If former sheriff’s deputy Scot Peterson thought that he could just resign and enjoy a retirement after his inaction at Marjory Stoneman High School during the deadly school shooting, he was wrong. Andrew Pollack, the father of one of the students who was killed, filed a wrongful death lawsuit against Peterson and several others that he believes could have stopped or changed the outcome of the shooting, according to ABC News.
Pollack recounted how his 18-year-old daughter Meadow Pollack was “shot nine times at point-blank range.” He also said that his daughter “died crawling by a doorway – shielding a classmate who also ended up dying – waiting for someone to come help her. Help never came.”
In addition to Peterson, the lawsuit goes after the couple who took in Nikolas Cruz and three mental health facilities that evaluated Cruz’s mental state in the past. Pollack believes that the mental health evaluators failed to do their job, which is to identify people who are a possible threat to others. The lawsuit asks for a trial by jury and an unspecified amount for damages.
For the father, the idea of Peterson retiring and receiving a pension to “ride off into the sunset” is unacceptable. He wants to see the former deputy held accountable for his inaction. Most of all, he wants the whole world to know that Peterson had the opportunity to save people from dying, but chose not to out of cowardice. Pollack said that this lawsuit is not about money.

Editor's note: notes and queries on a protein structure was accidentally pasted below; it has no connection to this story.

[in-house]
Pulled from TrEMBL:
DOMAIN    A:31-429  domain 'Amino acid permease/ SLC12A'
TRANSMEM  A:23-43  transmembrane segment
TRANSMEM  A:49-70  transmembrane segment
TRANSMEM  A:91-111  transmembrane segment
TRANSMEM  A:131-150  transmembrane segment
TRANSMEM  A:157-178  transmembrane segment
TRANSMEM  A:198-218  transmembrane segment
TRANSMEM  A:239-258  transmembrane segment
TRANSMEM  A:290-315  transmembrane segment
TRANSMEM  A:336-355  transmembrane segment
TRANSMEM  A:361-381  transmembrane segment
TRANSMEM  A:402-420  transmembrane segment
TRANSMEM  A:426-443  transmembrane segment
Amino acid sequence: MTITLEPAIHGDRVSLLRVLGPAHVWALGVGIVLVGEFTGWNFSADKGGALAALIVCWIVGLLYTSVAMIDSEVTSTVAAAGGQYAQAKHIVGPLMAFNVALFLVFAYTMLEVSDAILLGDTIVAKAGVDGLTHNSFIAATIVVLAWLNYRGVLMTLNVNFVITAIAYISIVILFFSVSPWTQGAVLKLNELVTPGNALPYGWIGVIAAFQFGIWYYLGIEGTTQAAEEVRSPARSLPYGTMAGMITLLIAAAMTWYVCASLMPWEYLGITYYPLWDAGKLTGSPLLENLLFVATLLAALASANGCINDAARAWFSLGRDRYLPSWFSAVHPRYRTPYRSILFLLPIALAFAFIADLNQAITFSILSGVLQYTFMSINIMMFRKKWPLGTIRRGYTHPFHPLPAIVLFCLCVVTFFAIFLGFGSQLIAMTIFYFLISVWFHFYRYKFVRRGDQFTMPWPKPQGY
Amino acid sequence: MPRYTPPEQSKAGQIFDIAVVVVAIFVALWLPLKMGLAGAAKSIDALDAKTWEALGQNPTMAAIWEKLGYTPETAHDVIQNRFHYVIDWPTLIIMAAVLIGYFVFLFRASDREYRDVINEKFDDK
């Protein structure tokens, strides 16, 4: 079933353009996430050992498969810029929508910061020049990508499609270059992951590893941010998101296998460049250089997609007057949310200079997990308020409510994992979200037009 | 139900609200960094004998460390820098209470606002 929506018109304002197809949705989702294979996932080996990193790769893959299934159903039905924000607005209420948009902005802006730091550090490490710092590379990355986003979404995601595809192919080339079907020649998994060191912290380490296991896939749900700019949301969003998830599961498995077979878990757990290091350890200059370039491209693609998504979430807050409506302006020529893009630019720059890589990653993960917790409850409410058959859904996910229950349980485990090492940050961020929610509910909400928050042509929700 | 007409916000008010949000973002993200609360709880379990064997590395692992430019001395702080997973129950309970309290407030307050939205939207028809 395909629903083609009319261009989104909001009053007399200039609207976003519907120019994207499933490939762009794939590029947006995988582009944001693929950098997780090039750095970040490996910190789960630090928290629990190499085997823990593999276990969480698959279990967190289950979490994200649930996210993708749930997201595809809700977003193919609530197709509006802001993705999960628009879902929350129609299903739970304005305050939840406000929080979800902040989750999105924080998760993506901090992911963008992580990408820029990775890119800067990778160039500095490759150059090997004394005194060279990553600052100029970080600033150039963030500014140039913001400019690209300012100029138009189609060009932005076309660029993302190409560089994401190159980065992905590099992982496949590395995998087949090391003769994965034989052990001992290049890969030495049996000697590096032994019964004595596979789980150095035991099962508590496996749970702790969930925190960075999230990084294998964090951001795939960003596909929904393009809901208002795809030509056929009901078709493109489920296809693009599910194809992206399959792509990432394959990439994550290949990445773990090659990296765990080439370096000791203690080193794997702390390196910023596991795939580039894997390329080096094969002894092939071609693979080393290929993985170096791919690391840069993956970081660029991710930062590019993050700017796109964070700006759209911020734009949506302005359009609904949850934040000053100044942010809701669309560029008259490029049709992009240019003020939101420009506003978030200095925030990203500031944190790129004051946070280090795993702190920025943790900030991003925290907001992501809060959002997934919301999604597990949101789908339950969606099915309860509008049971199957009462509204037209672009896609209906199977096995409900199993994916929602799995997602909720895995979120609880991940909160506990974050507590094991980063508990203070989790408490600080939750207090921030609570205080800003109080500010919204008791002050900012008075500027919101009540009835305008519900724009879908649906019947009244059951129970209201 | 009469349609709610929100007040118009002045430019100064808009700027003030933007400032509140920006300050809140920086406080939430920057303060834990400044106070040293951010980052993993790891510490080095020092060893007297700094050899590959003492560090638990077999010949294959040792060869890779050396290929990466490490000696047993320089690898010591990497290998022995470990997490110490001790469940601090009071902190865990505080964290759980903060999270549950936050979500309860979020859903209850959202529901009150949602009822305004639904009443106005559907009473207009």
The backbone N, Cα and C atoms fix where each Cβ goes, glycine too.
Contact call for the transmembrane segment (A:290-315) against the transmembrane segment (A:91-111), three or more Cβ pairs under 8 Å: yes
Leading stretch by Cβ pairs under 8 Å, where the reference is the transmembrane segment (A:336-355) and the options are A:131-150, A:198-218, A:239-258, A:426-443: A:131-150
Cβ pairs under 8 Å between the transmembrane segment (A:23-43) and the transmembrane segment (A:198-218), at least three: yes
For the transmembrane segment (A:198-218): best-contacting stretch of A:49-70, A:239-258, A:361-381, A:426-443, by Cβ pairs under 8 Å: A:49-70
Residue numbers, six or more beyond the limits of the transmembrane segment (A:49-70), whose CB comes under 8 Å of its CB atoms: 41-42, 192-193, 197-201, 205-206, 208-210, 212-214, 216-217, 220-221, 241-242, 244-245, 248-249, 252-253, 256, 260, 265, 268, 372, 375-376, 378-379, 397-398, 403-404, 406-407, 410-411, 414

“[Peterson] had the opportunity to go in and instead, let all those people get murdered.”
Meanwhile, Peterson’s lawyer Joseph DiRuzzo released a statement denying any wrongdoing by Peterson, saying “allegations that Mr. Peterson…failed to meet the standards of police officers are patently untrue.” According to DiRuzzo, Peterson’s inaction was because he thought the gunfire was outside, not inside the school.
At the time of the shooting, Peterson was the school’s resource officer. While the active shooting was taking place, Peterson was seen in surveillance footage not doing anything, least of all attempting to enter Building 12 where Cruz was shooting students and teachers. But it wasn’t because he wasn’t aware of an active shooter on campus. Peterson had already told the Broward Sheriff’s Communications Dispatched that he thought “we have shots fired, possible shots fired.”
Sheriff Scott Israel announced previously that he believed Peterson failed in his post, and that Peterson should have “went in. Addressed the killer. Killed the killer,” reported the Sun Sentinel. President Trump also echoed the sheriff, saying that Peterson was a coward and “certainly did a poor job.”
Although Peterson was put on unpaid suspension after the surveillance tape of his inaction was released, Peterson retired shortly thereafter, detailed the Washington Post.